Born 6th June 1918, Susan Williams-Ellis was one of Britain’s most celebrated designers of the second half of the twentieth century. Her designs were at the forefront of contemporary style and continue to inspire the ceramics industry today.
Susan was born on the 6th June 1918 to Sir Clough Williams-Ellis, the architect and creator of Portmeirion Village in North Wales, and his wife Amabel. Susan’s life was spent socialising with and being taught by creative talents such as Bernard and David Leach, Henry Moore and Graham Sutherland and, keeping such interesting company, her innate feeling for shape, form and pattern flourished.
Following her marriage to husband Euan Cooper-Willis in 1945, the entrepreneurial duo moved to Wales and took control of her father Sir Clough Williams-Ellis’ souvenir shop in the village of Portmeirion. This ignited the couple’s flair for business, which would see them launch Portmeirion pottery in 1960.
Susan's early Portmeirion designs include Malachite (1960) and Moss Agate (1961). Neither was produced in large quantities but both received high critical acclaim. Her next designs featured unusually bright, floral images (Portmeirion Rose and Tiger Lily), and then followed the iconic Totem design in 1963. With layered glazes of various hues, Totem brought Portmeirion well and truly to the forefront of fashionable design in this memorable era of evolving and revolutionary British design style.
With an ever-evolving reputation for striking design, Susan later created Magic City (1966) and Magic Garden (1970) which both featured strong and bold surface patterns. Susan’s original prototype for Magic Garden was found in the cellar of Bank House (Susan and Euan’s home that is attached to the Portmeirion factory). The design had been directly pencilled onto a cylindrical coffee pot and was simply stunning –so much so it inspired Portmeirion to create the Magic Garden Graphite collection in 2010. This can now be seen at the Victoria and Albert museum in London.
Julian Teed, Portmeirion's Creative Director from 1985-2019, remembers working with Susan: "It was an absolute honour to have worked with Susan for over 15 years, witnessing first-hand her wonderfully creative mind at work. Susan's vision was to create affordable and beautiful tableware to be cherished for years to come, and she succeeded greatly at achieving this. "The factory and village were an extension of Susan's family. She never switched off. On many occasions, Susan could be found in the factory at night taking cups of coffee to those on the night shift. She surrounded herself by the things she loved most in life - design, animals, flowers, and her employees."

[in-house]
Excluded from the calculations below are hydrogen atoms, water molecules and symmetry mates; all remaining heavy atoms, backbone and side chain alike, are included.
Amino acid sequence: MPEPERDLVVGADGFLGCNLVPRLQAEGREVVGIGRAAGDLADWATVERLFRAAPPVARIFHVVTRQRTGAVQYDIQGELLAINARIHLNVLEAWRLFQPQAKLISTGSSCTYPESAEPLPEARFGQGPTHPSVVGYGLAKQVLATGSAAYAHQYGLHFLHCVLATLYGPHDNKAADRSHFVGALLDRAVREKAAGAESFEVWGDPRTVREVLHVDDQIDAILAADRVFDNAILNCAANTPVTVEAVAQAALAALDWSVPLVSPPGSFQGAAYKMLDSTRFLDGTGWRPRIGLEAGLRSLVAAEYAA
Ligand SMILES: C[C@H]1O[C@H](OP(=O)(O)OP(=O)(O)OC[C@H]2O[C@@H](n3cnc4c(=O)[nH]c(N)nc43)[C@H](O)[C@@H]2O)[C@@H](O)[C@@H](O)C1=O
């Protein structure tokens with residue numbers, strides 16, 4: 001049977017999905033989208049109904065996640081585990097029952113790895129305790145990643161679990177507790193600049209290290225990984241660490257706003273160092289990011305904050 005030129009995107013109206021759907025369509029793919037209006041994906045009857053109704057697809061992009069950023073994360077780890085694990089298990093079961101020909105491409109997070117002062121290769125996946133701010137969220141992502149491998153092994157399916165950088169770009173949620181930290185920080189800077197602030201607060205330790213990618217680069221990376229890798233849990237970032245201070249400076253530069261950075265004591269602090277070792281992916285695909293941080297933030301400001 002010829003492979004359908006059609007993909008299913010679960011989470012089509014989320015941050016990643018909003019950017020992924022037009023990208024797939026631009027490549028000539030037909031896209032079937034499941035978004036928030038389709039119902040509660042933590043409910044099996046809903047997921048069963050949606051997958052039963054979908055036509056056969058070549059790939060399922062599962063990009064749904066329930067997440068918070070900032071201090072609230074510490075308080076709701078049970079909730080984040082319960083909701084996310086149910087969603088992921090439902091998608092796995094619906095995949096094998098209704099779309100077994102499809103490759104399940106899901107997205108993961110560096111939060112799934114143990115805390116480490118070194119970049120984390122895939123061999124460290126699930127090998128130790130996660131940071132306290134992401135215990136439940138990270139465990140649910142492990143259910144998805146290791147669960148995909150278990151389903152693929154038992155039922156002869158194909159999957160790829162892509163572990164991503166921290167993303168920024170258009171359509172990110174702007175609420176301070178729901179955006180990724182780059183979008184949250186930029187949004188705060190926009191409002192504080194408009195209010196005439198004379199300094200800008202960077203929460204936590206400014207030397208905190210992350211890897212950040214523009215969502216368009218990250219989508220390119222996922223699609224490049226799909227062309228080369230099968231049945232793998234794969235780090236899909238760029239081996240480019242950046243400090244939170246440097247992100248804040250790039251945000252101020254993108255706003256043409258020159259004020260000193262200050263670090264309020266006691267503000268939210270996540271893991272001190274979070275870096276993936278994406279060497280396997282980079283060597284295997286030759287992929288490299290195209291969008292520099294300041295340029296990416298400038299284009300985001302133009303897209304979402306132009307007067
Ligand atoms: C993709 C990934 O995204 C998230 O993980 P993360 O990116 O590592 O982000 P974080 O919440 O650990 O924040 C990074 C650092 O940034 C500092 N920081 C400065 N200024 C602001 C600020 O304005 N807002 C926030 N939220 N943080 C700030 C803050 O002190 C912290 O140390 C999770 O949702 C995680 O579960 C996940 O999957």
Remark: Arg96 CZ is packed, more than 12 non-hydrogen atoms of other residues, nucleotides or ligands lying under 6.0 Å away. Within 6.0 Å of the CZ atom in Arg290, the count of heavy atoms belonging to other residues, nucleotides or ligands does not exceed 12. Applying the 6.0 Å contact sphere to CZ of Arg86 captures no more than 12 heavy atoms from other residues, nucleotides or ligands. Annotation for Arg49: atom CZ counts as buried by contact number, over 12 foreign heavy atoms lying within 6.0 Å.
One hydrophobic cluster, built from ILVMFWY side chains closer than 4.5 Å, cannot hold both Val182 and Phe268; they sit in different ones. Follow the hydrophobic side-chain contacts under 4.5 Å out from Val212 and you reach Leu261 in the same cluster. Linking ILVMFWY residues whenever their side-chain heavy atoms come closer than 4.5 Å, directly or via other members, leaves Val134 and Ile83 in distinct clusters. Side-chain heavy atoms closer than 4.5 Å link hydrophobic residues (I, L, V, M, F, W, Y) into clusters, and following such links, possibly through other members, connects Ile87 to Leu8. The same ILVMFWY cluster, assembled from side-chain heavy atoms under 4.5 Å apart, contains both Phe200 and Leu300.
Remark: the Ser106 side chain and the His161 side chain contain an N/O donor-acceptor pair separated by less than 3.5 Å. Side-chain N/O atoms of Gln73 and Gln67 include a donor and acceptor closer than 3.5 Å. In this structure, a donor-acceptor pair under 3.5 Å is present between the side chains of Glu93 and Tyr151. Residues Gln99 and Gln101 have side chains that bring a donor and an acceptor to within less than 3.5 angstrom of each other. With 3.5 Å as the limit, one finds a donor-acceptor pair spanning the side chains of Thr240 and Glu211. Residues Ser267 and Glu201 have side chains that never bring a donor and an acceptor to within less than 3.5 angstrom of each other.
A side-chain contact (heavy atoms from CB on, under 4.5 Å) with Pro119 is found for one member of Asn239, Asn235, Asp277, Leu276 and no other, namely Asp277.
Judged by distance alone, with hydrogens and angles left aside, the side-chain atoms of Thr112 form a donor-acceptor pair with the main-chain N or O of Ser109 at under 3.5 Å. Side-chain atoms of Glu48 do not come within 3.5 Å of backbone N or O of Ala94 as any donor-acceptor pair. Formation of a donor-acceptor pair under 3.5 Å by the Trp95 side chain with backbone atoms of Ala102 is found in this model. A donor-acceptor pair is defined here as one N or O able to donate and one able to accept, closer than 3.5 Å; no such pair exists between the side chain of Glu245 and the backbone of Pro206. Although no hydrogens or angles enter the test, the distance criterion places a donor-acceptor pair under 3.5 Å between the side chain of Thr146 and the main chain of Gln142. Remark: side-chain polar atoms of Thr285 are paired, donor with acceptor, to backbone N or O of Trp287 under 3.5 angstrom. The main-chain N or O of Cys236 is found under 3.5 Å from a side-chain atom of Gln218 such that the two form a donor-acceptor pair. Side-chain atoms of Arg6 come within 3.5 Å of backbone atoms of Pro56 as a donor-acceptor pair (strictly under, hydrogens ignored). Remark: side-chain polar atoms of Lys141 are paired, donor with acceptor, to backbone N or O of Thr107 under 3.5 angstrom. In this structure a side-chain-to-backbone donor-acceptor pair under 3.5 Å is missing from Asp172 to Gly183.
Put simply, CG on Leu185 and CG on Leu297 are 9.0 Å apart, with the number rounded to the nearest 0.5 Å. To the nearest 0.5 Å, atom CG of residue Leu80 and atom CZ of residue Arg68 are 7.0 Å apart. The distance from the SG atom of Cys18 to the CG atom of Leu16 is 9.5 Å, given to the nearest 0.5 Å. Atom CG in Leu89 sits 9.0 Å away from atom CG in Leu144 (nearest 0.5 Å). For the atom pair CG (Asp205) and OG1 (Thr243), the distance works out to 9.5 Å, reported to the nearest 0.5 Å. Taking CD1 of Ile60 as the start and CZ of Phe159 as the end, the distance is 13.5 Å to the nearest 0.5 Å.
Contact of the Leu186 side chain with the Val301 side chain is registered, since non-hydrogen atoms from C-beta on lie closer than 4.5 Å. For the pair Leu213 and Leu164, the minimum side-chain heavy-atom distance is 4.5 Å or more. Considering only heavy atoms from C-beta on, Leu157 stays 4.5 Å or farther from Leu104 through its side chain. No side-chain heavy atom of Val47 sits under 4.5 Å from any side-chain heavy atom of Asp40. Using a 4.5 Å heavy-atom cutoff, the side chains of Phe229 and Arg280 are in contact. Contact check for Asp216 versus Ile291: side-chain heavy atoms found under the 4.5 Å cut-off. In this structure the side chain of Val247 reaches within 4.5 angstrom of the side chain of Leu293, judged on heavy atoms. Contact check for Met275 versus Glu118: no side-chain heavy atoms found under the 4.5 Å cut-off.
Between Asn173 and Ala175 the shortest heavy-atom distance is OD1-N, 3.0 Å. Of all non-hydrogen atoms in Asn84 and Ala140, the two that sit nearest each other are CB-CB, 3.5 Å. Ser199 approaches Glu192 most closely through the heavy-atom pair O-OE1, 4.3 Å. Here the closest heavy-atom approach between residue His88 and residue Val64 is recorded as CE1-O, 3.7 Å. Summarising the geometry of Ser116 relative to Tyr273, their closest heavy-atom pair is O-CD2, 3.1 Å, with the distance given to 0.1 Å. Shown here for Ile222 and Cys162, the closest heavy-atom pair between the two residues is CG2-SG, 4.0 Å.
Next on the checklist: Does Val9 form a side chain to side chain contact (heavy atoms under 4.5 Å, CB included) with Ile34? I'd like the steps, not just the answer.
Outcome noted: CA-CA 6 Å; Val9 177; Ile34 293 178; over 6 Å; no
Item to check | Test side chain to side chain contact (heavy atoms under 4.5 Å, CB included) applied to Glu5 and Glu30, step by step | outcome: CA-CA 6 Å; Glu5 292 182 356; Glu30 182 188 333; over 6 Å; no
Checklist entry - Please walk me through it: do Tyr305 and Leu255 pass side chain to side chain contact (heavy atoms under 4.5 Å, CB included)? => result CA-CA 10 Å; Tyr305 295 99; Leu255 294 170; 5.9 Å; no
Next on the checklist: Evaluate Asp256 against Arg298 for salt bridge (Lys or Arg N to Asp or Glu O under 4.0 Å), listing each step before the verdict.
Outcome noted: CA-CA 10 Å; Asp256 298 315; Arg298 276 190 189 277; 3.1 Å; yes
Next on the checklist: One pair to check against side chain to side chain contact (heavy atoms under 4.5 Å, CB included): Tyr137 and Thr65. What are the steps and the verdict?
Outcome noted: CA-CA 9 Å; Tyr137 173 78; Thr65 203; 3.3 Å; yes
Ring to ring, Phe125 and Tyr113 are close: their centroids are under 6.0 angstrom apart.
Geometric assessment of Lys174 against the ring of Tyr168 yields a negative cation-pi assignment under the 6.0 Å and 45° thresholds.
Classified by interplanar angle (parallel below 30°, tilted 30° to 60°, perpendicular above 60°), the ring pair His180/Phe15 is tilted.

Showing no signs of slowing down, Susan continued to experiment with her designs, leading to the creation of her most celebrated collection, Botanic Garden. Inspired by the hand-coloured herbal book, The Universal, or Botanical, Medical and Agricultural Dictionary by Thomas Green, Susan had an eye for detail and mesmerising illustrations of flower prints.
Going against the grain, Susan created individual motifs for each piece in the collection - an incredibly innovative decision at the time. Using a uniform leaf border on each product, Susan created a cohesive collection and the iconic Botanic Garden was born.
"I remember when we first launched Botanic Garden. At that time, you might have had dessert sets which had different patterns on each plate, but for the traditional tableware setting, everything had to match. I thought 'why can't we have different patterns all within one collection?' So, I created Botanic Garden!" “The department store buyers in 1972 said that no-one would stock it as there were too many designs and that nobody would want to buy it as it didn't match. I think I proved them all wrong!"
In 2005 Susan received an honorary fellowship from University of Arts, London. At the time Susan said, "I decided to pursue pottery, rather than painting, mainly because I wanted to create affordable and beautiful things. Being in Stoke has been a wonderful part of my life. The people of Stoke are really the nicest people one could ever meet, and their hard work has established Portmeirion and enabled us to sell our pots around the world. I have been very fortunate." Keele University also awarded her an Honorary Degree of Master of the University for an Outstanding Contribution to the Ceramics Industry Internationally.
"An exquisite artist, a spirited designer and a true pioneer who was instrumental in ensuring Portmeirion was at the forefront of pottery trends. She was a visionary, ahead of her time and most importantly knew what would sell."
Susan’s philosophy that tableware should be both beautiful and practical will continue to permeate Portmeirion's design values and to determine the success of the company that she created in the challenges of the 21st century.